10 Essentials for Successful Trade Show Exhibiting | SalesAndMarketing.com
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10 Essentials for Successful Trade Show Exhibiting

The myriad complexities and variables associated with successful trade show exhibiting necessitate a careful, committed, and contemplative focus. In order to ensure this expensive and time-consuming activity evolves into a well-managed, justifiable promotional function, the following 10 tips deserve your attention:

1. Think sales. There are few functions in business as exact and dynamic as personal selling. An organization's sales team lives and dies by the results of its efforts, which cannot be easily fudged, finessed, or faked. A salesperson obtains the orders required, and he either makes sales targets or doesn't.

By thinking sales, and positively affecting the selling process as a trade show goal, the exhibitor is setting realistic expectations that reside more in the area of an exact science. Armed with the understanding the selling function has many phases, the trade show can shorten the existing selling cycle by delivering qualified prospects to your exhibit sooner rather than later.

It can also establish a positive environment where sales and prospects meet face to face to solve problems, add value, and influence the purchase of your products.

2. Plan early. At least six months before a trade show, present goals and objectives in a pre-show memo distributed to all involved. This overview should include a list of products being presented, show service details and logistics, display guidelines, appearance, and operation.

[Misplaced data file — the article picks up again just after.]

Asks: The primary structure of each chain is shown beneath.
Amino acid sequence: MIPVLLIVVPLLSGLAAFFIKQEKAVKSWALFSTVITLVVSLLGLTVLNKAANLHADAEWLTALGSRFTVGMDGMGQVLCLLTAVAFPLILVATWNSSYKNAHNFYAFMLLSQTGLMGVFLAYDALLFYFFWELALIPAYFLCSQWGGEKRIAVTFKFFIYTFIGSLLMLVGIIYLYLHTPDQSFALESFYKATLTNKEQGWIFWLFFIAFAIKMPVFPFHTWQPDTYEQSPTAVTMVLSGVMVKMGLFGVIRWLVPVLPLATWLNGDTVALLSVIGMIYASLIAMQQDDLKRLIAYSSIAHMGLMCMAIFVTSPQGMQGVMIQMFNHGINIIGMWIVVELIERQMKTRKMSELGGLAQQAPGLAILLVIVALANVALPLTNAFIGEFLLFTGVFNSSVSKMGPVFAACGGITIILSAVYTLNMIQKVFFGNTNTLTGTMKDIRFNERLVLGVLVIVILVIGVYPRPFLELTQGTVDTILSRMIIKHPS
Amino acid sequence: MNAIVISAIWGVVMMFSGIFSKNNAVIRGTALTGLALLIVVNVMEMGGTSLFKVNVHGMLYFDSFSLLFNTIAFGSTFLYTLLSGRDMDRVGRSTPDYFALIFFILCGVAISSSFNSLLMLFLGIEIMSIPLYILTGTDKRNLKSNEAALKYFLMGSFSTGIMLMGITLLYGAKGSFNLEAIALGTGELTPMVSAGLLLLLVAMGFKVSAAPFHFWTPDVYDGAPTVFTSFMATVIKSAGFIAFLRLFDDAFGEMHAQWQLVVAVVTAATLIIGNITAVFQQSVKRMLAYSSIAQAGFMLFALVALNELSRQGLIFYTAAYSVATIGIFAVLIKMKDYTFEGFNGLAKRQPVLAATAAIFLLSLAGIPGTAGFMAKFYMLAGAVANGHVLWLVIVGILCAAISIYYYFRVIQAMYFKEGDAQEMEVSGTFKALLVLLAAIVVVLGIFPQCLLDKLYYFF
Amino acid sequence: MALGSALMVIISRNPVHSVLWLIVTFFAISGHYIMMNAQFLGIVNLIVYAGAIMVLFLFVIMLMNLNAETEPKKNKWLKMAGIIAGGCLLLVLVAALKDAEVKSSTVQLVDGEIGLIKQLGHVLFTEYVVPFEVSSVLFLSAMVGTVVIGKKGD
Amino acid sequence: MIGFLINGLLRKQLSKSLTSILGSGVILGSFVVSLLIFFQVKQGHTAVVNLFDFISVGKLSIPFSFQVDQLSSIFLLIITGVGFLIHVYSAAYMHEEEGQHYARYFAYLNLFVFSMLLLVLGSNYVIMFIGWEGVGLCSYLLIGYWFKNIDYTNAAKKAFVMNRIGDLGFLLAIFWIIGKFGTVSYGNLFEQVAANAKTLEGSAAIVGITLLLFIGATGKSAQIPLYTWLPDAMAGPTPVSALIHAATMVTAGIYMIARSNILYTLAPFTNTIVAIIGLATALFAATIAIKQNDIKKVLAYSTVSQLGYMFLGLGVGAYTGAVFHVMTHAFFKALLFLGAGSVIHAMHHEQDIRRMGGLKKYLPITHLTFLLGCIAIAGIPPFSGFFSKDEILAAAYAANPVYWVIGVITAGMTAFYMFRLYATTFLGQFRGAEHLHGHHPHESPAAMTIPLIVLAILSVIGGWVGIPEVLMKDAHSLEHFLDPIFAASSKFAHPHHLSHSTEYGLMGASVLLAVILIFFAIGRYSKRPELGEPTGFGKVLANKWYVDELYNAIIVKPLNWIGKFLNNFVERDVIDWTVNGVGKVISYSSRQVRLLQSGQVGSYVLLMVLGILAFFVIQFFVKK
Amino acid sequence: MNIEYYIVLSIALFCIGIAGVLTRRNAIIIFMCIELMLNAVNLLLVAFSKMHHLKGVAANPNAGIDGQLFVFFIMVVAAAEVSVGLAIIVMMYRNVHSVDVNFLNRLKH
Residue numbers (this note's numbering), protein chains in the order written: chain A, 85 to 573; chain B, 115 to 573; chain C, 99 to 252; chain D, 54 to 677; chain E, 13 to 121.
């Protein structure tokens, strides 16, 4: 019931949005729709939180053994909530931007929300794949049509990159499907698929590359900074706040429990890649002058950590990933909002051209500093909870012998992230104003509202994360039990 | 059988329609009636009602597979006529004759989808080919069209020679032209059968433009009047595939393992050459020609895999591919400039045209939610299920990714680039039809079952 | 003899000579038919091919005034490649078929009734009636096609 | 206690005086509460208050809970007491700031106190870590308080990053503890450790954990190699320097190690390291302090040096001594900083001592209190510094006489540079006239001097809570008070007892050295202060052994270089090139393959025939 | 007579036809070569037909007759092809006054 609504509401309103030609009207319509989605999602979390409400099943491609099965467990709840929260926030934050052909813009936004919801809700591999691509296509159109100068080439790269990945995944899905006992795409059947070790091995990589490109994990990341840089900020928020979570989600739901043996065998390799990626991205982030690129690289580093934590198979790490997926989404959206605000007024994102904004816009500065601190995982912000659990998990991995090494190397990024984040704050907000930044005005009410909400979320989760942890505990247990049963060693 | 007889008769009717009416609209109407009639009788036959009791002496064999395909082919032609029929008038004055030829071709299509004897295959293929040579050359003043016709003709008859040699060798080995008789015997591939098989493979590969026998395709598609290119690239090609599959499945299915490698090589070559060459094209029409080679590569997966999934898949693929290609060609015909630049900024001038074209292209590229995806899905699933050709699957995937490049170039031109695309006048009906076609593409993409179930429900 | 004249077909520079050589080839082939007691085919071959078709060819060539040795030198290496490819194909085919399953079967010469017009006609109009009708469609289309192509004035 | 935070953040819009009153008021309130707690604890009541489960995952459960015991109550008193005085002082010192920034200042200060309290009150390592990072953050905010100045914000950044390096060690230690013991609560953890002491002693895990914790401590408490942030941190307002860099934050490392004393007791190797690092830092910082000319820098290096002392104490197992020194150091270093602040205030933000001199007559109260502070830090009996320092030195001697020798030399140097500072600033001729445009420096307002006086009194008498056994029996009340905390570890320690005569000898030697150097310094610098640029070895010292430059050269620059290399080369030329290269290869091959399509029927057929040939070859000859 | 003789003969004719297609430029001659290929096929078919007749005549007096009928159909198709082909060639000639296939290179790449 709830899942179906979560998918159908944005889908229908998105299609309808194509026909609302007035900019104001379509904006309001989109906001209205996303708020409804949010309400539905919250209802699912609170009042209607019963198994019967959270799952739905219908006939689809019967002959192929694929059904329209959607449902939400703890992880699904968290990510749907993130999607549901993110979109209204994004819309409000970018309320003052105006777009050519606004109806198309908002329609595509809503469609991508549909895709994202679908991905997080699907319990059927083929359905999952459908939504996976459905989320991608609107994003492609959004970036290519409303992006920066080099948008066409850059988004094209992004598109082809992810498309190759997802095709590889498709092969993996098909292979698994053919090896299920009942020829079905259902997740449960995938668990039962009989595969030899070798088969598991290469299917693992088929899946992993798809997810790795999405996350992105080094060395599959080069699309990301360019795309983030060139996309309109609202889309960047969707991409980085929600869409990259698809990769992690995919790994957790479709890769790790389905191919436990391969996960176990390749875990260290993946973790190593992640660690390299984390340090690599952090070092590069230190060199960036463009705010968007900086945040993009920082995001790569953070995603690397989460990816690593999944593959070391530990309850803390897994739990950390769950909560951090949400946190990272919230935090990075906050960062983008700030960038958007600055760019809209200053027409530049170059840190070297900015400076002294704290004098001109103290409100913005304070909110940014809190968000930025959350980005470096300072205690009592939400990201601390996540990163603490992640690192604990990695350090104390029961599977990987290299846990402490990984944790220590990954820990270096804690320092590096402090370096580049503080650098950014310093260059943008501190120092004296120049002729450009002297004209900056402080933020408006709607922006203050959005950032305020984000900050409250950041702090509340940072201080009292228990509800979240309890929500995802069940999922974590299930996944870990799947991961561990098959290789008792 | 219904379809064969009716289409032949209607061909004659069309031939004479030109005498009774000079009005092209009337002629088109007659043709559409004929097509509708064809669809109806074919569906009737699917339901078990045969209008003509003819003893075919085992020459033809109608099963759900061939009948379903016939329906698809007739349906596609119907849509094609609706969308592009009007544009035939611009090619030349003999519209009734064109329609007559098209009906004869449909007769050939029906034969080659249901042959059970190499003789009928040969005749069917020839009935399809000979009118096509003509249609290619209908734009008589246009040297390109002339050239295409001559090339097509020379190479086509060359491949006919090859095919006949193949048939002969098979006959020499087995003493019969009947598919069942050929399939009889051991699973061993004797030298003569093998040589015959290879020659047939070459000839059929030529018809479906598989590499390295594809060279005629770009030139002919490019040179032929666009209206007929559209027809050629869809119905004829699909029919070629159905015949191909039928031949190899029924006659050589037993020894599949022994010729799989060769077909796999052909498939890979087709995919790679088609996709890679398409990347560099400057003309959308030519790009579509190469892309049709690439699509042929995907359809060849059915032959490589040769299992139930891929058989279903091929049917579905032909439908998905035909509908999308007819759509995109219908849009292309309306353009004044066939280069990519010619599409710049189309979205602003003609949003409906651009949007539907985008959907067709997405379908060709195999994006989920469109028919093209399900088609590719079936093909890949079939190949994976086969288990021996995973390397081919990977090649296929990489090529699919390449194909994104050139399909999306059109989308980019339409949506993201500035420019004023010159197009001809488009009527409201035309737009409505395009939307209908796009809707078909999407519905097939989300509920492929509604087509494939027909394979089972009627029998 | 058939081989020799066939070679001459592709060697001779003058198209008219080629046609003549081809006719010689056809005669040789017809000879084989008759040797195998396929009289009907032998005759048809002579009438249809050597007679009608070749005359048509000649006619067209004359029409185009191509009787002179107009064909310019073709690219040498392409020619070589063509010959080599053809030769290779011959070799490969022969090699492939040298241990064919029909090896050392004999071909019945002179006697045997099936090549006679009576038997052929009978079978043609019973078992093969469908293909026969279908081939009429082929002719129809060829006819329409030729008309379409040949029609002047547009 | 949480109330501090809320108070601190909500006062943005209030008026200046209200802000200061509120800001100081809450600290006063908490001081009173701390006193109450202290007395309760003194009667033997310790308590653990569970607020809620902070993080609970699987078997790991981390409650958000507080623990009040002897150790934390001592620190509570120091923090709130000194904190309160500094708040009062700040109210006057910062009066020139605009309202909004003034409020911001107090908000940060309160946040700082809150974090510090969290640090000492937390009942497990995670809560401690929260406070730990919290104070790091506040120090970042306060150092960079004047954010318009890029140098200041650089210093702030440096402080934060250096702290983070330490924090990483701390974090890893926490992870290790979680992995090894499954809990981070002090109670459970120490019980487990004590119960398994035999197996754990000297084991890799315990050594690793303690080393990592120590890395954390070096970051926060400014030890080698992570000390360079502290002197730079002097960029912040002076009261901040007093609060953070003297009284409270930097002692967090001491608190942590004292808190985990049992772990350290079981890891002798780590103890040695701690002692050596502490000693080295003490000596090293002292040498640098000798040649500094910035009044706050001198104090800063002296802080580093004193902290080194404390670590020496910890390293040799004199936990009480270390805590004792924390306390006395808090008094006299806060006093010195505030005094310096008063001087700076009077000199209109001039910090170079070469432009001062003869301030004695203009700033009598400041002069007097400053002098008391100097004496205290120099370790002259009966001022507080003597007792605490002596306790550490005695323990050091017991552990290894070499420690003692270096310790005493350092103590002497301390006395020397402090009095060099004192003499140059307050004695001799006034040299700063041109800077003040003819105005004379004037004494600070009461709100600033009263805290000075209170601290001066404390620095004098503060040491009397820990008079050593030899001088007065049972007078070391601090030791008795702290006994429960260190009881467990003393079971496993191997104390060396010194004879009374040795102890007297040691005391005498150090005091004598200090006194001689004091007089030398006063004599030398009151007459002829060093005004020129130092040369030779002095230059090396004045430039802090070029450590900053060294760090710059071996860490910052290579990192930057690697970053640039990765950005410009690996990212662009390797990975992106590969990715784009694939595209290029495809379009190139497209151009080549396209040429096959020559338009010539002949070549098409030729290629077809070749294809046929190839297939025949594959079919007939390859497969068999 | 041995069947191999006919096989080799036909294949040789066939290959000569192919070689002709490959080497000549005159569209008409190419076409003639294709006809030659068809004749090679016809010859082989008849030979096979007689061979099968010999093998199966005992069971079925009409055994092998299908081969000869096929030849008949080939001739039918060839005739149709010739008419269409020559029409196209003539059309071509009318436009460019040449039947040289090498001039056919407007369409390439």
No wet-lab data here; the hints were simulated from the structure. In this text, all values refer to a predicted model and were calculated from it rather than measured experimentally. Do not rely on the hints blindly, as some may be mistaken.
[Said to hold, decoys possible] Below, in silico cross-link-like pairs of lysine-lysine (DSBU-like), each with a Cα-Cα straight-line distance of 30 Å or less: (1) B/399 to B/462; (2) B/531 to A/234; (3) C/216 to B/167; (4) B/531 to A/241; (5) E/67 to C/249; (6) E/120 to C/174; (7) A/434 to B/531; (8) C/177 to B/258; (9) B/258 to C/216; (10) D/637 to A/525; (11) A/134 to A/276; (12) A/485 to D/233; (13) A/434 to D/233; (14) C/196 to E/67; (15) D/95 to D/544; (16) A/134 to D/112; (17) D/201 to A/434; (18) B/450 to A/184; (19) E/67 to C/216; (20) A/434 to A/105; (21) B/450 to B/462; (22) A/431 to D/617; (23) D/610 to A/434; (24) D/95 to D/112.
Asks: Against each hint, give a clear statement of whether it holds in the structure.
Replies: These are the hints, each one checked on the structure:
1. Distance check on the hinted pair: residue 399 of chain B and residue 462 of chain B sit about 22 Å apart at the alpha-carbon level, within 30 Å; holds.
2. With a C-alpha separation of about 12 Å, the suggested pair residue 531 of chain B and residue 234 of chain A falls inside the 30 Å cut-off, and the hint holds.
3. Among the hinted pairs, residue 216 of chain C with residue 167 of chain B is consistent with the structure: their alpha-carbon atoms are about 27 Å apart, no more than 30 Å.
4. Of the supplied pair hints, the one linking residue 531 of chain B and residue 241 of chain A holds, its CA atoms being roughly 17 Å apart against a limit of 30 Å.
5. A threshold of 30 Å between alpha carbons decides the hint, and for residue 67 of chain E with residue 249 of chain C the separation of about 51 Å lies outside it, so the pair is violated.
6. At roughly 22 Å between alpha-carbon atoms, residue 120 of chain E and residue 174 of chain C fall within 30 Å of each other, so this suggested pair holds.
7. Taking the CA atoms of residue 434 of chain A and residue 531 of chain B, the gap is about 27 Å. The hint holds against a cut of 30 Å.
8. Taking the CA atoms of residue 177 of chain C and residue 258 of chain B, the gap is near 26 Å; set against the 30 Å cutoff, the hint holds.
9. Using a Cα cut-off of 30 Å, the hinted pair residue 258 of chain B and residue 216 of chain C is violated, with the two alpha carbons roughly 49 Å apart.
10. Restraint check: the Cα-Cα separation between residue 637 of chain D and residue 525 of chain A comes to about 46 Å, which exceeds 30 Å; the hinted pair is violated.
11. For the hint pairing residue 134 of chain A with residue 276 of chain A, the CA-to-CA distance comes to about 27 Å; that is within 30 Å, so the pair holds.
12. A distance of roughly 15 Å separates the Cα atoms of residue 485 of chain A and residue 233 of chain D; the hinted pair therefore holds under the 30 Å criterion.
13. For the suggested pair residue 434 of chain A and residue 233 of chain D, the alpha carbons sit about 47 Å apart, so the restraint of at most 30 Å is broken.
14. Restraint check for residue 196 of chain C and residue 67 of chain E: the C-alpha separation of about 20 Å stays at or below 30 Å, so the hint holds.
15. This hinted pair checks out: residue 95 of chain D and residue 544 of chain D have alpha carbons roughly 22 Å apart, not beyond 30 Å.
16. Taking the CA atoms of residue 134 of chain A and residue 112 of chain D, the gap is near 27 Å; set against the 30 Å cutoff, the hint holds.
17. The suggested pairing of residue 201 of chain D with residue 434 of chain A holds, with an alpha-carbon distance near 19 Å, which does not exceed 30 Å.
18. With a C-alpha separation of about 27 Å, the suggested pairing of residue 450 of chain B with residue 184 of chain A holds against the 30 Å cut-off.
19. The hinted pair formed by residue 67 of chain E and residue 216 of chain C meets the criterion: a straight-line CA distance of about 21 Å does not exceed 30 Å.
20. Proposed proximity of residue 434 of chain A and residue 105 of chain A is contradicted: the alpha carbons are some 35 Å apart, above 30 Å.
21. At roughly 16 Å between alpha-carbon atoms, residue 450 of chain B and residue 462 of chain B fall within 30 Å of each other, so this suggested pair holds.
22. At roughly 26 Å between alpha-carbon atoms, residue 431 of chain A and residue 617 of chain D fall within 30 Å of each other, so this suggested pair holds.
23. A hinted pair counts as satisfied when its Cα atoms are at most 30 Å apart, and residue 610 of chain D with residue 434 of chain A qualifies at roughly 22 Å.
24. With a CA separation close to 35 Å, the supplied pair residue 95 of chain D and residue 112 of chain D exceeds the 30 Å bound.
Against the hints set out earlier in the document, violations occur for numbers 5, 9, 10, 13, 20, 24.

Also included should be input from sales, management, and marketing. The pre-show meeting time and location, as well as a booth duty roster, should also be in place weeks before anyone departs for the show.

3. Determine how much space you need. A simple analysis of setting targeted prospect numbers will help determine how much space is needed to attain goals and objectives for the show. The average salesperson can make one good sales presentation every 10 minutes while on booth duty, and needs about five feet of space in which to operate (including support functions).

If your pre-show plan calls for seeing 10 percent of the 5,000 attendees—or 500 suspects, prospects, and customers during the 24 hours a trade show is open—you'll need at least 20 feet of space and five salespeople manning the booth at all times.

Consider additional space for storage, literature processing, customer relations, audio visual equipment, and closing or conference rooms.

4. Target your audience. Based on prior business, sales, and trade show attendance experience, establish realistic goals and objectives by asking how many attendees are likely to purchase products like yours in the next six months. Use that number to determine your exhibit space requirements, budgets, and operational demands.

The trade show will deliver everyone from attendees who have no interest in your products and services to those ready to purchase immediately. By setting realistic targeted attendee profiles, you'll be more likely to attract, meet, and discuss products with a high level of pre-qualified prospects and customers.

5. Select the right space. In most cases, you don't have the option of visiting the exhibit hall in advance of a show. As a result, it's important to study the floor plan provided by show management to determine where your exhibit will function best, with as little interference as possible.

In some cases you might want to contact the convention facility directly to obtain a more detailed floor plan—one showing columns, elevators, food service areas, low ceilings, floor obstructions, and so on to avoid surprises.

Other exhibitors are also important to consider, because some might have loud AV programs or other distractions that will negatively affect your ability to conduct business.